Saucer Magnolias (Magnolia x soulangiana) are related to some of the oldest angiosperms (flowering plants, as opposed to gymnosperms, or conifers). Some members of the magnolia family are found in fossils that date back to 95 million years ago. Magnolias co-existed with dinosaurs, and survived the extinction event that marked the end of the prehistoric creatures.
Magnolias were the first flowers and were not pollinated by flying insects, but instead by beetles. That's why the seed cones are so rigid and tough (to protect them from the large, chewing bugs). In fact, it was not until after flowers evolved did insects and other pollinators co-evolve to match a food source.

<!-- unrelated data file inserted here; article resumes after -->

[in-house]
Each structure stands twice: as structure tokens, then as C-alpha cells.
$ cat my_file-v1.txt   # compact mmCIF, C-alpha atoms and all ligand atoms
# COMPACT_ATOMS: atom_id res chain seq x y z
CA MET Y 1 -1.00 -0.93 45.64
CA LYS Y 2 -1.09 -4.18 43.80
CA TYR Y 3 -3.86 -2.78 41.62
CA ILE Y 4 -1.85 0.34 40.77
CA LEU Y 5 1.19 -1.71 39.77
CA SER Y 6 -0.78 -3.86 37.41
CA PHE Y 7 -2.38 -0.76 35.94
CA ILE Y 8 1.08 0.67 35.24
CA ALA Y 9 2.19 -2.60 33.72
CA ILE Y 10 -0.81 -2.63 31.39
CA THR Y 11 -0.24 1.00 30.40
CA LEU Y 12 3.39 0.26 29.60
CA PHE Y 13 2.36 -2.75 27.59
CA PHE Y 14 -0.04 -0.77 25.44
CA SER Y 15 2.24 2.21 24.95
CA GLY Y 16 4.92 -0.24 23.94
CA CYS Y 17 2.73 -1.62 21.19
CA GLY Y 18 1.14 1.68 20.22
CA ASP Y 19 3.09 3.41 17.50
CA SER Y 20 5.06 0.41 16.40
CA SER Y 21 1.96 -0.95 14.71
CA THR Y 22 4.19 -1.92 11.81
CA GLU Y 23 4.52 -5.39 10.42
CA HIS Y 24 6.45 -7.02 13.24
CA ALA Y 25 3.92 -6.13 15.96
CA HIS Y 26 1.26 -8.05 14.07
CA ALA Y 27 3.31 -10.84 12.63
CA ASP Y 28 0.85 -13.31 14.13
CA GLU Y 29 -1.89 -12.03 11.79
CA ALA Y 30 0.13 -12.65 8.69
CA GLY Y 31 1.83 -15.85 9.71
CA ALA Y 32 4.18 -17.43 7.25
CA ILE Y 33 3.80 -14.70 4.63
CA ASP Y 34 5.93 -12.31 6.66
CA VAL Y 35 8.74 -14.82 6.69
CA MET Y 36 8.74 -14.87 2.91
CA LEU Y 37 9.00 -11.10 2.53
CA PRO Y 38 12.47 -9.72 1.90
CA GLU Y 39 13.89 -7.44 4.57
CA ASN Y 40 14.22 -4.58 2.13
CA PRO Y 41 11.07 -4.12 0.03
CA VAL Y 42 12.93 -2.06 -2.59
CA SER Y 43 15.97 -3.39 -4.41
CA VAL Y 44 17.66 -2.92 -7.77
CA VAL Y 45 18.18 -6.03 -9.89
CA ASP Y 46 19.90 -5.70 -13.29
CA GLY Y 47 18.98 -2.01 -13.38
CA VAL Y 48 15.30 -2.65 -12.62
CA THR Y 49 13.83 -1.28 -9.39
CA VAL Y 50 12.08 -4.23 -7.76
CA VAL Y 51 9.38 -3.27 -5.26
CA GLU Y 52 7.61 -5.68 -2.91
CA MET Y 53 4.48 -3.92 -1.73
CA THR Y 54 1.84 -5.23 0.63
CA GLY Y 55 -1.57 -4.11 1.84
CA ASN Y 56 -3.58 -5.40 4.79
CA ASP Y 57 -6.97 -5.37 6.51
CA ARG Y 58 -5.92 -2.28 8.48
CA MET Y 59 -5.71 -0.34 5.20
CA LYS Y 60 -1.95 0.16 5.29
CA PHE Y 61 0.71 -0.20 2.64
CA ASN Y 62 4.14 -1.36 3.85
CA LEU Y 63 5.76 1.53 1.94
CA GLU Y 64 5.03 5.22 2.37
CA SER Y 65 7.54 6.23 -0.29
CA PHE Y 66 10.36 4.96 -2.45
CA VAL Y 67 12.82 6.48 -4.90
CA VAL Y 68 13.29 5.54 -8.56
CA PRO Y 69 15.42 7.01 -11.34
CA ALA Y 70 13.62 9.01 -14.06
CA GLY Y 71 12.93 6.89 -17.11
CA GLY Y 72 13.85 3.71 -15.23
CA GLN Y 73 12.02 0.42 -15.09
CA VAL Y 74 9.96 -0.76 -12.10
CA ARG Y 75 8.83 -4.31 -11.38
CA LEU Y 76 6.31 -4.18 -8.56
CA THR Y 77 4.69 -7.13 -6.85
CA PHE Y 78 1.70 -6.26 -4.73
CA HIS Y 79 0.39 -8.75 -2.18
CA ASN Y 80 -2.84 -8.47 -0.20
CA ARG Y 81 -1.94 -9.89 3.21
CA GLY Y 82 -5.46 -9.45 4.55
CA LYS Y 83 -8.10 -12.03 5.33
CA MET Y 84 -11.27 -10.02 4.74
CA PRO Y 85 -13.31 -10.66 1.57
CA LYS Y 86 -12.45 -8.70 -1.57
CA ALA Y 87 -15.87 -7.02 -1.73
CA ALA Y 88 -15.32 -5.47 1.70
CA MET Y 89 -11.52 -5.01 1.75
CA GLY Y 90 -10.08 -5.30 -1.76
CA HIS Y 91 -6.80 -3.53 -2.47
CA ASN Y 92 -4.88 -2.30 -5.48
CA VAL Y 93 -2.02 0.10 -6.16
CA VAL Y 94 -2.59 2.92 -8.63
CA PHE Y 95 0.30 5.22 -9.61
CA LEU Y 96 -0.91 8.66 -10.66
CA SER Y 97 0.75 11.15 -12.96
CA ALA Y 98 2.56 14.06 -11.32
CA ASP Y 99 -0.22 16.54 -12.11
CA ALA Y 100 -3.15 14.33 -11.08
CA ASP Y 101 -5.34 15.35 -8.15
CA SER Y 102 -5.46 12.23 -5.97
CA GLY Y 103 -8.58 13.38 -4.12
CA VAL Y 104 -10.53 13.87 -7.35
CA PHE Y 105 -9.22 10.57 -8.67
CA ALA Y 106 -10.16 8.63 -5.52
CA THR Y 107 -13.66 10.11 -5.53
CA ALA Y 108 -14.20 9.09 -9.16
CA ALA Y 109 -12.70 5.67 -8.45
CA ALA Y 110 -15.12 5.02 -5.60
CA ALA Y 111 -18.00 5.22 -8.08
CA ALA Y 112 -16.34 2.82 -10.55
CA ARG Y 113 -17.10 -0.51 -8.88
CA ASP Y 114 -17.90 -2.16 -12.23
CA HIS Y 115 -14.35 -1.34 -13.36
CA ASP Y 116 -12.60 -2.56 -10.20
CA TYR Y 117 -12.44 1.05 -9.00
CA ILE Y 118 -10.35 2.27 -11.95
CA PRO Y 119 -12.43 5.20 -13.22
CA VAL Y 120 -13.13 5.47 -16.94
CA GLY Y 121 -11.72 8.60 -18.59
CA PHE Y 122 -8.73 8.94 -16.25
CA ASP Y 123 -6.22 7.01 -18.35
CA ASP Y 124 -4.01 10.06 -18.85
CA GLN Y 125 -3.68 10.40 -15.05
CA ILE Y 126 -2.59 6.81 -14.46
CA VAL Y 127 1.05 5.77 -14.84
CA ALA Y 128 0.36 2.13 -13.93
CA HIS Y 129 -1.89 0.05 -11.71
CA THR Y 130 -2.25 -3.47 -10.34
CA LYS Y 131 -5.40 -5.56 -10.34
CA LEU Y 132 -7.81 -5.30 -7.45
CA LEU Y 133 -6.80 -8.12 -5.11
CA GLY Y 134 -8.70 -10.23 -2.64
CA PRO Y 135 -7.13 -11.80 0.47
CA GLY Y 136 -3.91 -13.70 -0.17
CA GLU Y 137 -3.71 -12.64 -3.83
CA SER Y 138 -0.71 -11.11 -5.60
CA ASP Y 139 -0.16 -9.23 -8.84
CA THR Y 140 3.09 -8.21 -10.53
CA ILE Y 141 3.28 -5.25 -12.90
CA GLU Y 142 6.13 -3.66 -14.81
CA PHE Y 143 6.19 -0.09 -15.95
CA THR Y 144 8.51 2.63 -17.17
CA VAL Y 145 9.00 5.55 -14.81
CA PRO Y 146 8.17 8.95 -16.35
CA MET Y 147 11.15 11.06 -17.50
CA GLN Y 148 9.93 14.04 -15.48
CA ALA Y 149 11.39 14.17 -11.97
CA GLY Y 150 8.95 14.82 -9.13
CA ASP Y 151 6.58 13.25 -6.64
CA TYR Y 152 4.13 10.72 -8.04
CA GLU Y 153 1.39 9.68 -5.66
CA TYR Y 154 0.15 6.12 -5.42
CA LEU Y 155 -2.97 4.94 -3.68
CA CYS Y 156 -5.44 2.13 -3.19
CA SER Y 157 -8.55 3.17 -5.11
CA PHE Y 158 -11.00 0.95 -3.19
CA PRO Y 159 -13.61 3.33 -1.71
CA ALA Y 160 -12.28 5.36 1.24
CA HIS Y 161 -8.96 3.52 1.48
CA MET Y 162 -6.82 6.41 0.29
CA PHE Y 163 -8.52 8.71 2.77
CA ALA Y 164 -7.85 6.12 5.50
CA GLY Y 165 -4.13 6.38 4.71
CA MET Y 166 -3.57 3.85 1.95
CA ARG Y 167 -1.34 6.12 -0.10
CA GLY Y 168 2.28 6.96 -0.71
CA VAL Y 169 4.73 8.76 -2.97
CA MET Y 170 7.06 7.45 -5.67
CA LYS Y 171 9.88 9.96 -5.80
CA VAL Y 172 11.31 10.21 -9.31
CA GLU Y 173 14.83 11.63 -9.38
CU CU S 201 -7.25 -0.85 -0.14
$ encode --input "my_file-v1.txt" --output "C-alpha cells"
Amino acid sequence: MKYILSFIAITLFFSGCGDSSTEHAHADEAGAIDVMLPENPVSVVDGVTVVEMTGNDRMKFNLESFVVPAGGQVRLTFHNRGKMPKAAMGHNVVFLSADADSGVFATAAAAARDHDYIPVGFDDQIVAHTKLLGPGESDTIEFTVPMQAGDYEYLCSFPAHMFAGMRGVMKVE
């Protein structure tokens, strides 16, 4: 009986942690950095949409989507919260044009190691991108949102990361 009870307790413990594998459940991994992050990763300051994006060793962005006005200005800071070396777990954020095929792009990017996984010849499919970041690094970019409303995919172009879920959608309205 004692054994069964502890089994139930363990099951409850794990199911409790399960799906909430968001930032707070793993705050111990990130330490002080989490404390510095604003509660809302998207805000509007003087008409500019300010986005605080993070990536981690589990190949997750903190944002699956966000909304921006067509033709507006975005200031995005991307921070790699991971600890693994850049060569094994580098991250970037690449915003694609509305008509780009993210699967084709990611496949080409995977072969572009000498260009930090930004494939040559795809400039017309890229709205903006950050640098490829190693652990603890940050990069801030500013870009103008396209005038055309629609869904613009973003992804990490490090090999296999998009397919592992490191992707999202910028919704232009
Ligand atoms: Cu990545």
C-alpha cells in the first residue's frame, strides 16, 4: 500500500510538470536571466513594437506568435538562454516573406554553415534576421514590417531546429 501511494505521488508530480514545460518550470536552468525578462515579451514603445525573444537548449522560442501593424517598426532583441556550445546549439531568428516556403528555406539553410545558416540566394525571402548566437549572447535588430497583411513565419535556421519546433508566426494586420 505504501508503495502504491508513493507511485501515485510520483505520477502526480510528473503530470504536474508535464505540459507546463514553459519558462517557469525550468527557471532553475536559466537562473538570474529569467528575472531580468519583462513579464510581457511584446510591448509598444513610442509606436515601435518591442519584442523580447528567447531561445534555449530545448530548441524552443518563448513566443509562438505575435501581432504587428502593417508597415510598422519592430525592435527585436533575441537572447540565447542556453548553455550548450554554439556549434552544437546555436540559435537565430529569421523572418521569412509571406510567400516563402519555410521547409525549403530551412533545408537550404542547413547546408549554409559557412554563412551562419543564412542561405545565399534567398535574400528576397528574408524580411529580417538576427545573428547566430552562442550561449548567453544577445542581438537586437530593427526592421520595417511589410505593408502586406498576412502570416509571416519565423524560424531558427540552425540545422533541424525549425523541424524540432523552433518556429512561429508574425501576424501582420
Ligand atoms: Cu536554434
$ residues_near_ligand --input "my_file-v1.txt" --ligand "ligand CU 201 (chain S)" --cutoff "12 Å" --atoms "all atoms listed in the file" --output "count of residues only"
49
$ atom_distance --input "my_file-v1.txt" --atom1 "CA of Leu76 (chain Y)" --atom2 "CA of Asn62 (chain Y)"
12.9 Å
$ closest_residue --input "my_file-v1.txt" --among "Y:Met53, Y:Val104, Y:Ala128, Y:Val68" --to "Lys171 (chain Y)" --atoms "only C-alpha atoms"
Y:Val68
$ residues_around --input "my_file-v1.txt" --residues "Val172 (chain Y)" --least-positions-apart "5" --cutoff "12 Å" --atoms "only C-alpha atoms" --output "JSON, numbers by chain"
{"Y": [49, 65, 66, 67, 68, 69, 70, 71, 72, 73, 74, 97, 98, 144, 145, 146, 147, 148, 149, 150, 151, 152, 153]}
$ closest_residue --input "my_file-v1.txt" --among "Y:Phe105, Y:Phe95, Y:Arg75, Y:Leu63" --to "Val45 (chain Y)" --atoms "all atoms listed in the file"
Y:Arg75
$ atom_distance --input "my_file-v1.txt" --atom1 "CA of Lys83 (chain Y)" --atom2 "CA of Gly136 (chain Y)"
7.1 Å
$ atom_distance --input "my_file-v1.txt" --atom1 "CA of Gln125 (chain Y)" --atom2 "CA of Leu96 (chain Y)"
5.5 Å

The plant below, the Saucer Magnolia, was not one of these ancient flowers. This is instead a hybrid of M. lilliflora and M. denudata. It's popular for it's large, fragrant flowers that burst open as soon as it gets warm enough.
The magnolias behind the Met in Central Park are the best looking ones I can find in Manhattan, if not the entire city. They sit on this hillside and, with their neighbors, the Crabapples, provide spring color from April until mid to late May. There's nothing quite like going for a run or a bike ride when these are in bloom and catching a whiff of their scent on your way up the hill.